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Third-Millennium Miracle: One Lavatory Instead Of Five!


Ahmadinejad kisses a baby in Semnan.

Ahmadinejad kisses a baby in Semnan.

Mago questions the follow-through on some of President Mahmud Ahmadinejad's handouts promised during his frequent appearances in Iran's regions:

You might have heard plenty about the propaganda of Ahmadinejad's government regarding the provincial trips. But do the hundreds of the projects take place, as the government claims, and...?

Apart from personally believing that these trips and sacks that weigh up to 300 kilos of letters that the government collects from the people are signs of a malfunctioning of the country's management system, I have a document to offer that has been published recently by one of the provincial administrations: a brochure that a friend of mine received during his New Year's trips from this particular city and handed over to me. Since the publisher is the provincial administration, the document should be credible.

A page that concerned the achievements of the president's trip to this particular province [Qazvin] said that one of President Ahmadinejad's decisions was the construction of five lavatories in five different locations of the city.... What do you think could have been the result of this decision? Practically nothing, because of the fact that only a single lavatory out of the five that the president promised has been constructed!!!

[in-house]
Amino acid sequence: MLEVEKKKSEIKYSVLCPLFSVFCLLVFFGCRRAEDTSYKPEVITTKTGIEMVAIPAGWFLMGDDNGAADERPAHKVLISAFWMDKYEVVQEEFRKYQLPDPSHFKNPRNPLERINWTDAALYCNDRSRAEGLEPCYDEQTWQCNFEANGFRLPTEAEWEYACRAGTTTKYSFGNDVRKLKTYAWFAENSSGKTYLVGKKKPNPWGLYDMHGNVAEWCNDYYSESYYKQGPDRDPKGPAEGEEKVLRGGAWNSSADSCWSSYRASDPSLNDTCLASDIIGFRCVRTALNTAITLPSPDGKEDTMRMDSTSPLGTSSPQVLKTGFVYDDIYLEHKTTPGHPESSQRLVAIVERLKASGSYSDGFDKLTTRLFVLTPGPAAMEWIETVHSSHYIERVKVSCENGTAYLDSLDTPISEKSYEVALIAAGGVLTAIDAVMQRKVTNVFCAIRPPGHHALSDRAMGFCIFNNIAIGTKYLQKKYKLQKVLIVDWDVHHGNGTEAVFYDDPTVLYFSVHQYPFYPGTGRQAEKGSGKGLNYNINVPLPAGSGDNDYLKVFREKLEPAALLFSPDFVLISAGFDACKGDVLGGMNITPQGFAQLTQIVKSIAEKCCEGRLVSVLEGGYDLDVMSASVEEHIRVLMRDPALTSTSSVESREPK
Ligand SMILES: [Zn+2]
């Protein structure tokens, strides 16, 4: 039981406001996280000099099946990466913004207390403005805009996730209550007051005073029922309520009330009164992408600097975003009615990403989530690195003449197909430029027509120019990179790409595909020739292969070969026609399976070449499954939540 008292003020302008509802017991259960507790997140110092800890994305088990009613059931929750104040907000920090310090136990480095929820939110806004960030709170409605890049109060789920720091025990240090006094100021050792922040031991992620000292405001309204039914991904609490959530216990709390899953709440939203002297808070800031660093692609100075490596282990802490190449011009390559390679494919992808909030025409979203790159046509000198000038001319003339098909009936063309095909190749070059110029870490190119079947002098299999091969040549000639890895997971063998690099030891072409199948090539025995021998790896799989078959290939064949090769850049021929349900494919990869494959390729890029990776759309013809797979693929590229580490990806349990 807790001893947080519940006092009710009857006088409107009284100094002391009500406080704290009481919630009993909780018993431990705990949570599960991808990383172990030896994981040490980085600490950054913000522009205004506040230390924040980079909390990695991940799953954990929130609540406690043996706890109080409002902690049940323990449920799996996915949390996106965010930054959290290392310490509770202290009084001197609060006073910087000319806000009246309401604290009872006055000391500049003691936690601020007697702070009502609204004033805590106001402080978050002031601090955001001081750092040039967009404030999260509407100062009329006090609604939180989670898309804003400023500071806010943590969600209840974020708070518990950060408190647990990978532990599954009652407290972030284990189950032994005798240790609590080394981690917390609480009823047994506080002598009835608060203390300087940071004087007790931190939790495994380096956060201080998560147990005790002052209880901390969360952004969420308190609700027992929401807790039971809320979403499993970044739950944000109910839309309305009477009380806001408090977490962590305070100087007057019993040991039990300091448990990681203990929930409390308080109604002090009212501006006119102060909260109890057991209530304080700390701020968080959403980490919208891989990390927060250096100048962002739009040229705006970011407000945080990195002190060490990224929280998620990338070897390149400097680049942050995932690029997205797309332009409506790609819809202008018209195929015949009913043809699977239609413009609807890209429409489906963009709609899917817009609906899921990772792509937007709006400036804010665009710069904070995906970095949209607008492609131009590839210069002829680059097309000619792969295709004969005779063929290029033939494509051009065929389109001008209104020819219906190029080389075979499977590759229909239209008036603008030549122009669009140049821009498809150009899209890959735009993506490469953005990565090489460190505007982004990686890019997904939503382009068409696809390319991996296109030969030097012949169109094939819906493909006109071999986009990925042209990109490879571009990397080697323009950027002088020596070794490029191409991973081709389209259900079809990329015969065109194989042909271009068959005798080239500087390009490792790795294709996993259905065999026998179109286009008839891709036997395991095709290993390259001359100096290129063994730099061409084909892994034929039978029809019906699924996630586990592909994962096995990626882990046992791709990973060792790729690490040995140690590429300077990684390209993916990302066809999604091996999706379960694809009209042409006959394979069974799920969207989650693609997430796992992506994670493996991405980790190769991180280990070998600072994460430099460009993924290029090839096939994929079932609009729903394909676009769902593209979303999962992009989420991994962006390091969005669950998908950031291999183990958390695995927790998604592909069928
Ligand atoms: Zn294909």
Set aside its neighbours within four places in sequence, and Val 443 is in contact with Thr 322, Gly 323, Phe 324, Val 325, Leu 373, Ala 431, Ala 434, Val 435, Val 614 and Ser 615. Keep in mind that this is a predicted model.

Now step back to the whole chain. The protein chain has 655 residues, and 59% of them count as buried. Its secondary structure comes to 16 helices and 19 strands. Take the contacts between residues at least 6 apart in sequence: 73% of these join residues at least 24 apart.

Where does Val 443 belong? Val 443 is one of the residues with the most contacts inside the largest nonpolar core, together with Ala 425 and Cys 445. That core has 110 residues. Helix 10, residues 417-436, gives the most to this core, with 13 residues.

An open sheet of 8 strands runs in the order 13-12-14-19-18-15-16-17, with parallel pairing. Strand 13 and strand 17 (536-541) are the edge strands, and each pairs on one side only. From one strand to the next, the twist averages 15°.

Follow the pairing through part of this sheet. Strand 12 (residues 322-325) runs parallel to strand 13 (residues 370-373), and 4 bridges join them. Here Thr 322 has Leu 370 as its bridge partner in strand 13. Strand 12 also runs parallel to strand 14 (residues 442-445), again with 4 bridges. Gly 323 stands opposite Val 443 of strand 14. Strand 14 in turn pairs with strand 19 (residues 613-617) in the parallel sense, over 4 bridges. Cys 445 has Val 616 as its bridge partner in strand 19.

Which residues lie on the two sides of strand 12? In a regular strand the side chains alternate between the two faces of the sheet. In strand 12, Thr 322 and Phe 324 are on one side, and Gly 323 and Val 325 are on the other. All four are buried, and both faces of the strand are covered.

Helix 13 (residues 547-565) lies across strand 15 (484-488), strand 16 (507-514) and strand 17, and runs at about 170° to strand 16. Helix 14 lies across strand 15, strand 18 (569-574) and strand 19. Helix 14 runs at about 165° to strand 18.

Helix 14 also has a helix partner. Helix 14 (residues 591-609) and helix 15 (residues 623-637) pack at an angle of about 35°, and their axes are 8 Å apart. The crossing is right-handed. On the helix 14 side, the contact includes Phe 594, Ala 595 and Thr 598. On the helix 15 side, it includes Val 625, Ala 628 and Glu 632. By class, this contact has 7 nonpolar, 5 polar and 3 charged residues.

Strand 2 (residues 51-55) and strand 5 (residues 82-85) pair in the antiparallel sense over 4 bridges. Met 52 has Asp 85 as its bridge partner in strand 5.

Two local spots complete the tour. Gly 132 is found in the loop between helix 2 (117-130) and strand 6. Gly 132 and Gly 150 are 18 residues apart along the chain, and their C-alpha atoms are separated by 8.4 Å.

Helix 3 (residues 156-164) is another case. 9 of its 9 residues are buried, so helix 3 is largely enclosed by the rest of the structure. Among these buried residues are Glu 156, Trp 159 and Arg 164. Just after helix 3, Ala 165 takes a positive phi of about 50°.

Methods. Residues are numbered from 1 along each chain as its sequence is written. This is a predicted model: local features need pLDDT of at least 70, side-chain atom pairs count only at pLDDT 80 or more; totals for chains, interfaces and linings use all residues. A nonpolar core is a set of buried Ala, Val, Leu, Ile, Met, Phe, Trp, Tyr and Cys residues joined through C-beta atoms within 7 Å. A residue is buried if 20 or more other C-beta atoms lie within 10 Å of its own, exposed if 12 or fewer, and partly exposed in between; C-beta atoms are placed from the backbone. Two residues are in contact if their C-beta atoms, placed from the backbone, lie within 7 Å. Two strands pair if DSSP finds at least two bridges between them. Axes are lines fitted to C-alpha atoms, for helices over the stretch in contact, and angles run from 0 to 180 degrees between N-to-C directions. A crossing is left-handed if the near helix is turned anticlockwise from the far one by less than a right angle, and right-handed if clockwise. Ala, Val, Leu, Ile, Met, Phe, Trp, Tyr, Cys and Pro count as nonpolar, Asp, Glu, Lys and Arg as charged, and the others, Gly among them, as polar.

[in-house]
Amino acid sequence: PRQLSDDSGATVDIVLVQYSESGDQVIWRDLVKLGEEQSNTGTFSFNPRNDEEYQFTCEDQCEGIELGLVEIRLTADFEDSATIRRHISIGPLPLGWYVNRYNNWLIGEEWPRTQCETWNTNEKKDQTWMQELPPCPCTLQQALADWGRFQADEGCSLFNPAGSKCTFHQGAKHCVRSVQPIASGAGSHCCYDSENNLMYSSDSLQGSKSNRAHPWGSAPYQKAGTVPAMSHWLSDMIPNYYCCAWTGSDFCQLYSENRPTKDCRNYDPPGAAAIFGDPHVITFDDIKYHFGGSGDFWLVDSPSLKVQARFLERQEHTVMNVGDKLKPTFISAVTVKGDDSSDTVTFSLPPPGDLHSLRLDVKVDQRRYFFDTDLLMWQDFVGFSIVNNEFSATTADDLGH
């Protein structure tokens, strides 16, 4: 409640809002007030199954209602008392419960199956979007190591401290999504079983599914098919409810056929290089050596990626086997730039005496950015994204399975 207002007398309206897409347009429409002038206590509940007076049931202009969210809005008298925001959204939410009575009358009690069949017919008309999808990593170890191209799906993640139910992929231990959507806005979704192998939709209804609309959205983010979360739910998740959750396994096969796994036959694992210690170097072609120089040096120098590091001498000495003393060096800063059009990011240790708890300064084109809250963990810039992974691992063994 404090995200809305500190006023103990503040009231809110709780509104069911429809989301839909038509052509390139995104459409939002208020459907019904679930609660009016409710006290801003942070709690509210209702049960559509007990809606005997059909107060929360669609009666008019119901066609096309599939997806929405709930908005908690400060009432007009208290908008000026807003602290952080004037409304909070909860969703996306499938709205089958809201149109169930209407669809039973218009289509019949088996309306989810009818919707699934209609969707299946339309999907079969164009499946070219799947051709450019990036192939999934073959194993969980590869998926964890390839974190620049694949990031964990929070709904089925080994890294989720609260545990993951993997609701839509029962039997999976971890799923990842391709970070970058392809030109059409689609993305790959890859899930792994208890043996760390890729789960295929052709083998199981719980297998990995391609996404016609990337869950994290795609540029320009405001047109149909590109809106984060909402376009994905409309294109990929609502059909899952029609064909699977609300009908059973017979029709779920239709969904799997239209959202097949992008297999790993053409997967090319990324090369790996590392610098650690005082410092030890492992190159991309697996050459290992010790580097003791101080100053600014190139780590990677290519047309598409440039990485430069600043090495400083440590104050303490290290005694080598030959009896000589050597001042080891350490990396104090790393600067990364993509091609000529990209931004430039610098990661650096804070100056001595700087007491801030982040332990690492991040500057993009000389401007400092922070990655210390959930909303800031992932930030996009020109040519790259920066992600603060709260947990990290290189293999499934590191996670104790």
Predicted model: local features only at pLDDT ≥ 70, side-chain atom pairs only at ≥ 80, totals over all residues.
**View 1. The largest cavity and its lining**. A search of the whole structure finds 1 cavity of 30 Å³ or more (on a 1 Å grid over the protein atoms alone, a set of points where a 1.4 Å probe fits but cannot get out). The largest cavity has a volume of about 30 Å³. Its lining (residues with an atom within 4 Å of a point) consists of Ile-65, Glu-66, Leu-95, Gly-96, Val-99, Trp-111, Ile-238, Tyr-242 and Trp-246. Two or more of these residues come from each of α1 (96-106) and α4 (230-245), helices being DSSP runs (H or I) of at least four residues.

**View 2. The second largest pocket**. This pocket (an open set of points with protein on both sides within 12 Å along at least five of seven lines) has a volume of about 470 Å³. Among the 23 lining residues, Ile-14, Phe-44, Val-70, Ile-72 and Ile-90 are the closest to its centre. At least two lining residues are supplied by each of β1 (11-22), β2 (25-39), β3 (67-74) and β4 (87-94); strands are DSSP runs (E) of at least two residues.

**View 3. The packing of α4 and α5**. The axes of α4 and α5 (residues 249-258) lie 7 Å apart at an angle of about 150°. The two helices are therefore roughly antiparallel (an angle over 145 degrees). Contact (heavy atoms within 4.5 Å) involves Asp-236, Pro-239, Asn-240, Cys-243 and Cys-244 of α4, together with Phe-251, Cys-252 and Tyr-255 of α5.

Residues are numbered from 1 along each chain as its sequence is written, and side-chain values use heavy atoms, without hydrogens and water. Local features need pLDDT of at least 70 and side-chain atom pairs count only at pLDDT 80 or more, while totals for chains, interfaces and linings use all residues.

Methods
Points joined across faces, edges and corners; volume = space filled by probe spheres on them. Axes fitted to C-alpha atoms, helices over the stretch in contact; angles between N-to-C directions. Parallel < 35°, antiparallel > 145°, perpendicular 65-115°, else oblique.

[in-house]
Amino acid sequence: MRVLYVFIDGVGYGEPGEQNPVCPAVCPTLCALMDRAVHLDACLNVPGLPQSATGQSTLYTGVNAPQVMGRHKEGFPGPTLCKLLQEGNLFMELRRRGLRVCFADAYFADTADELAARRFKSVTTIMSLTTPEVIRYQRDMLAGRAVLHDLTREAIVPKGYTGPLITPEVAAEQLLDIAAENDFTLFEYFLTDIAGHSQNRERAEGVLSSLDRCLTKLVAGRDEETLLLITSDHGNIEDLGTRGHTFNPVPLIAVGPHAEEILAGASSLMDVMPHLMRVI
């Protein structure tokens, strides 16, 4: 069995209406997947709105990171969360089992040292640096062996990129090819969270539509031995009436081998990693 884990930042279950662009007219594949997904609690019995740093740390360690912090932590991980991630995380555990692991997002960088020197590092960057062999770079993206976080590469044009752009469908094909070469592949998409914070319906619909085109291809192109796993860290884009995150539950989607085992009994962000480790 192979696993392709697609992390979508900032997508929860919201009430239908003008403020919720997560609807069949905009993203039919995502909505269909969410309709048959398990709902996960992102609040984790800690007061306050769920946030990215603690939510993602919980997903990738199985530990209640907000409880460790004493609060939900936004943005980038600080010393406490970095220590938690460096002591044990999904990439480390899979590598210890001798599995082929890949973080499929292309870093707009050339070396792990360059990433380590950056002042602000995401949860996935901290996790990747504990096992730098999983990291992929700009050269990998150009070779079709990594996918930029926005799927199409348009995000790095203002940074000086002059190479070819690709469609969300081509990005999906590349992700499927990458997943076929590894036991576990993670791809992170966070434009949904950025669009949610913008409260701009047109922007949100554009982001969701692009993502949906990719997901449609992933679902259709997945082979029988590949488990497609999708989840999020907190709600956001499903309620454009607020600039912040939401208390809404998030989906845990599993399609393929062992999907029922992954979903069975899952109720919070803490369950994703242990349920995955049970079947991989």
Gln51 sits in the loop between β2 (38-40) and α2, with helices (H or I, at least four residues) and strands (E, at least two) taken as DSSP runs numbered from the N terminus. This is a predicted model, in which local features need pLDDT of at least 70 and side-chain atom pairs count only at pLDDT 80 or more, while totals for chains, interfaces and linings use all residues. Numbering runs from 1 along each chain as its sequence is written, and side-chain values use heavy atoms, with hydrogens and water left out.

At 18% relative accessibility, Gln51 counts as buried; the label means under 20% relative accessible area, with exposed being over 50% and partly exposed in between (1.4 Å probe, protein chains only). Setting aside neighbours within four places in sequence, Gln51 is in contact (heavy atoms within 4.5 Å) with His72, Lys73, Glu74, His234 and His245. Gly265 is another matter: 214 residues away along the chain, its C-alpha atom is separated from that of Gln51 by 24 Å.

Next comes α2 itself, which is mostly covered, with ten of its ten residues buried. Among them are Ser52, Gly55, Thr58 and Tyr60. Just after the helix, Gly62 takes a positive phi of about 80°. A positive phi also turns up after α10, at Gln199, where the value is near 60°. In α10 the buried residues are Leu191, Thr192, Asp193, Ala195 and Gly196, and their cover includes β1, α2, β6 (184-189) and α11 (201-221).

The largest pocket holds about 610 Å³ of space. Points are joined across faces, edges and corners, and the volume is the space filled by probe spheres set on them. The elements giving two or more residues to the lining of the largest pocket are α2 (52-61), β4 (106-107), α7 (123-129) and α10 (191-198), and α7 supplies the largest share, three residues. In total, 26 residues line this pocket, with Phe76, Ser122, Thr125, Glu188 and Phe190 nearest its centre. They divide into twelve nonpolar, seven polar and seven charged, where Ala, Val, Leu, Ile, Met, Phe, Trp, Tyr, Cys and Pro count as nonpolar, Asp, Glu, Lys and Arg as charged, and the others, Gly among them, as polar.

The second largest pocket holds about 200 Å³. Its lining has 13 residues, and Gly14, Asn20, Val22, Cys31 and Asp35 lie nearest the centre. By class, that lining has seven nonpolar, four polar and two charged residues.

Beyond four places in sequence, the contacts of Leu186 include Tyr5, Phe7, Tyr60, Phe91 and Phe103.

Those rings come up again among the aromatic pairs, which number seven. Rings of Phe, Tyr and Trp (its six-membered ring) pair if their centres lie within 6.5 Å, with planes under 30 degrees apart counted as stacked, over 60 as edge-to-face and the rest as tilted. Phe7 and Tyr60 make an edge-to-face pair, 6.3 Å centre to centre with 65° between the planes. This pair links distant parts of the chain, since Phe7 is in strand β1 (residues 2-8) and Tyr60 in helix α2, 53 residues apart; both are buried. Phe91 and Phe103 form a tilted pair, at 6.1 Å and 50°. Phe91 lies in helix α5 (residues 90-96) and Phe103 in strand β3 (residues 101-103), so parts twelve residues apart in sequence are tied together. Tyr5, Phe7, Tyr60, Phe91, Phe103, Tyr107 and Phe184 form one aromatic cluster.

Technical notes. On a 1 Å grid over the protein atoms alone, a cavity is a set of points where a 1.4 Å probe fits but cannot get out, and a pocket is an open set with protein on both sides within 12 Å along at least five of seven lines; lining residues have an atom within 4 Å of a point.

This can be the best example of the brilliant performance of "the miracle of the third millennium" (that is what Ahmadinejad's fans call him) -- in other words, the "breeze of kindness" brought the news of five lavatories out of which only one has reached to the contract stage; not even close to construction. (Editor's note: "the kindness-spreading government" is the label that Ahmadinejad uses for his cabinet.)

About This Blog

Persian Letters is a blog that offers a window into Iranian politics and society. Written primarily by Golnaz Esfandiari, Persian Letters brings you under-reported stories, insight and analysis, as well as guest Iranian bloggers -- from clerics, anarchists, feminists, Basij members, to bus drivers.

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